By , June 17, 2011.

CREATE: Protecting Creativity from the Ground Up — On Wednesday, I had the pleasure of attending this event from Arts+Labs, which brought together creators, content and technology professionals, elected officials, and others to “examine the business and rights challenges facing creators in the digital era.” The Arts+Labs blog and YouTube channel has video of the panel discussions that are worth watching if you were unable to attend:  PROTECT – Current State and Future of Copyright, Counterfeiting, and Beyond, The Future of the Digital Economy, and A Conversation with the Creators.

StageIt — Evan Lowenstein (of Evan and Jaron) was one of the panelists on the Conversation with the Creators panel at CREATE on Wednesday. Lowenstein talked briefly about the company he launched last year, StageIt, which he described as “a front row seat to a backstage experience.” The service allows artists to give intimate performances in front of their computers and allows fans to interact with the artists via chat.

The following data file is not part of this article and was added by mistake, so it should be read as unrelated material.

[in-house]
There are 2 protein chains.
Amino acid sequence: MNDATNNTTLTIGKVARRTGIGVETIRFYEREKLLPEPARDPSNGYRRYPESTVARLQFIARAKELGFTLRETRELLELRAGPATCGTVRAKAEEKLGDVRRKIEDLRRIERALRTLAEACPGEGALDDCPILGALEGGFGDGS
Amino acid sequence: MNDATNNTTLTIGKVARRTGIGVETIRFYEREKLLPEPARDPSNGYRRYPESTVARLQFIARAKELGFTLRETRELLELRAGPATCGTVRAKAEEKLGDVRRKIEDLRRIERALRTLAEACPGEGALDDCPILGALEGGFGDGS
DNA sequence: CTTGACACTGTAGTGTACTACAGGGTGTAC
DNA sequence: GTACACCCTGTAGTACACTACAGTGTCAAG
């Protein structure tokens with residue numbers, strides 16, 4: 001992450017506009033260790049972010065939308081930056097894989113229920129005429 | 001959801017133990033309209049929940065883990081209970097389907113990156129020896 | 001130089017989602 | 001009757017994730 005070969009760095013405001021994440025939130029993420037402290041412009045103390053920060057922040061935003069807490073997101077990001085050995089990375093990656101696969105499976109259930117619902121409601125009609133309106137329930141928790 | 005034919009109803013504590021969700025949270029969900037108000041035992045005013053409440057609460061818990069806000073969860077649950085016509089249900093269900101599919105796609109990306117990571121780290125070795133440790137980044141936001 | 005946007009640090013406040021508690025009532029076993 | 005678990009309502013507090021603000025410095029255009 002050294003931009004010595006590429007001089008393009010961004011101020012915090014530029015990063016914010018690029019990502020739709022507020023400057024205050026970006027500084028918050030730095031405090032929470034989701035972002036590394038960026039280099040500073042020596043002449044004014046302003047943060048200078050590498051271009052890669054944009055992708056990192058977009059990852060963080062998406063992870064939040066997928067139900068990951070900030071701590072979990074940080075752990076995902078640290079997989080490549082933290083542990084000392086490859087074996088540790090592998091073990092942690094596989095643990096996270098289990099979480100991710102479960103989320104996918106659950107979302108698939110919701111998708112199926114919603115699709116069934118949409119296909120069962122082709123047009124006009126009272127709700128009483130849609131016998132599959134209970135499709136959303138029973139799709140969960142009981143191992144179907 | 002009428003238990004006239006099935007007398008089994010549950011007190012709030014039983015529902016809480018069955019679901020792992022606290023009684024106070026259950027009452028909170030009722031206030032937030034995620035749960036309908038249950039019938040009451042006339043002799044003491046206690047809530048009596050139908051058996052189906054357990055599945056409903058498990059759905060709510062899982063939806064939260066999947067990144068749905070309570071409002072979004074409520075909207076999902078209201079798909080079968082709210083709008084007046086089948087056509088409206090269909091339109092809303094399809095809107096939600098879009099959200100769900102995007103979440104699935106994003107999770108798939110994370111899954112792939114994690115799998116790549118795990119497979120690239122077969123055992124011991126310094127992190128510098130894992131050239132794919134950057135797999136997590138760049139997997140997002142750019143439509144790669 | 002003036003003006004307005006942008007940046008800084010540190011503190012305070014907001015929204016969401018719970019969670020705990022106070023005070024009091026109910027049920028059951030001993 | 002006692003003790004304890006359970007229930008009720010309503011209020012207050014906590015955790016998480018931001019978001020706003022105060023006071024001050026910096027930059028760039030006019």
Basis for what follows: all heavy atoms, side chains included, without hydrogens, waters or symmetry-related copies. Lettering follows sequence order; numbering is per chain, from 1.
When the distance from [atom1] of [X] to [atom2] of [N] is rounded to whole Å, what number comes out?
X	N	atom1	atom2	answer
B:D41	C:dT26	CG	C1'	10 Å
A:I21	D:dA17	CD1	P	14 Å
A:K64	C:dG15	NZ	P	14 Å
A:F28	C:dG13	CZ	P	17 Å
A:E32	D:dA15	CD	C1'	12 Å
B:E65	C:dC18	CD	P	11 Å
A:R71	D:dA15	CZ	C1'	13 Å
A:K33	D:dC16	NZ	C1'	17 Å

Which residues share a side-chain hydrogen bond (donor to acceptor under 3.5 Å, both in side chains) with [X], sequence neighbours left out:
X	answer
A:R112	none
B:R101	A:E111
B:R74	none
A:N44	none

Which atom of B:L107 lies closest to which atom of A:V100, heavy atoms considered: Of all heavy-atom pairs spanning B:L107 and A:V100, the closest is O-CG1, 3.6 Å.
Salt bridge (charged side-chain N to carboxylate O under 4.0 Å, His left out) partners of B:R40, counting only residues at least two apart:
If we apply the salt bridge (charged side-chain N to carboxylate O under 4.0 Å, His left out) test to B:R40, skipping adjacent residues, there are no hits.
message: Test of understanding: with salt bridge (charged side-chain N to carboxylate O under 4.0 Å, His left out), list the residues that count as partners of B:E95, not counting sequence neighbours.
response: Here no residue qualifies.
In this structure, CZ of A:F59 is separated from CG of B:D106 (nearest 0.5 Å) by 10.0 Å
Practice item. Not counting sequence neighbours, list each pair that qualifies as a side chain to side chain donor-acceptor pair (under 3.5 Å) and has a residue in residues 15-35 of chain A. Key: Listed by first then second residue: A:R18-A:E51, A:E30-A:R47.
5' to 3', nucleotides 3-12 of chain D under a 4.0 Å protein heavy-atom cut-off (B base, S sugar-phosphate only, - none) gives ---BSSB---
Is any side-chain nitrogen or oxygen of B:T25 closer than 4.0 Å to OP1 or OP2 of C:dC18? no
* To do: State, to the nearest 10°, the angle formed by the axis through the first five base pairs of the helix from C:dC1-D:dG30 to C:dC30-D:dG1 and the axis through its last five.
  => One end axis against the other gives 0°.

Why Selling E-books at 99 Cents Destroys Minds— Open Letter Books publisher Chad Post discusses e-books and pricing, and why his nonprofit publishing house decided to offer its books in digital format at $4.99. On the current popularity of 99 cent e-books, Post explains, “Now, you pay what you would pay for an app and dump it after you’re done. And why not? Those ‘expensive’ books are a lot of work. As someone devoted to literary culture, this scares the crap out of me.”

Behind the music: Illegal downloads are an ‘economic issue in ideological drag’ — The Guardian reports on this past weeks’ World Copyright Summit held in Brussels. “A few eyebrows were raised when it turned out Google had sent a representative to make a presentation at said party, opening his speech with the words: ‘I’m not going to speak about copyright as I know nothing about it.’ He then proceeded to demonstrate a new project they were working on, digitising artwork from some of the world’s most prestigious museums.”

President of NMPA Calls for Blanket Licensing of Mechanical and Sync Rights — Also this week was the annual meeting of the National Music Publishers Association. Billboard reports on president David Israelite’s call to revisit the Section 115 Reform Act of 2006, which sought to address “the current unavailability of an efficient and reliable mechanism whereby legitimate music services are able to clear all of the rights they need to make large numbers of musical works quickly available by an ever-evolving number of digital means while ensuring that the copyright holders are fairly compensated.”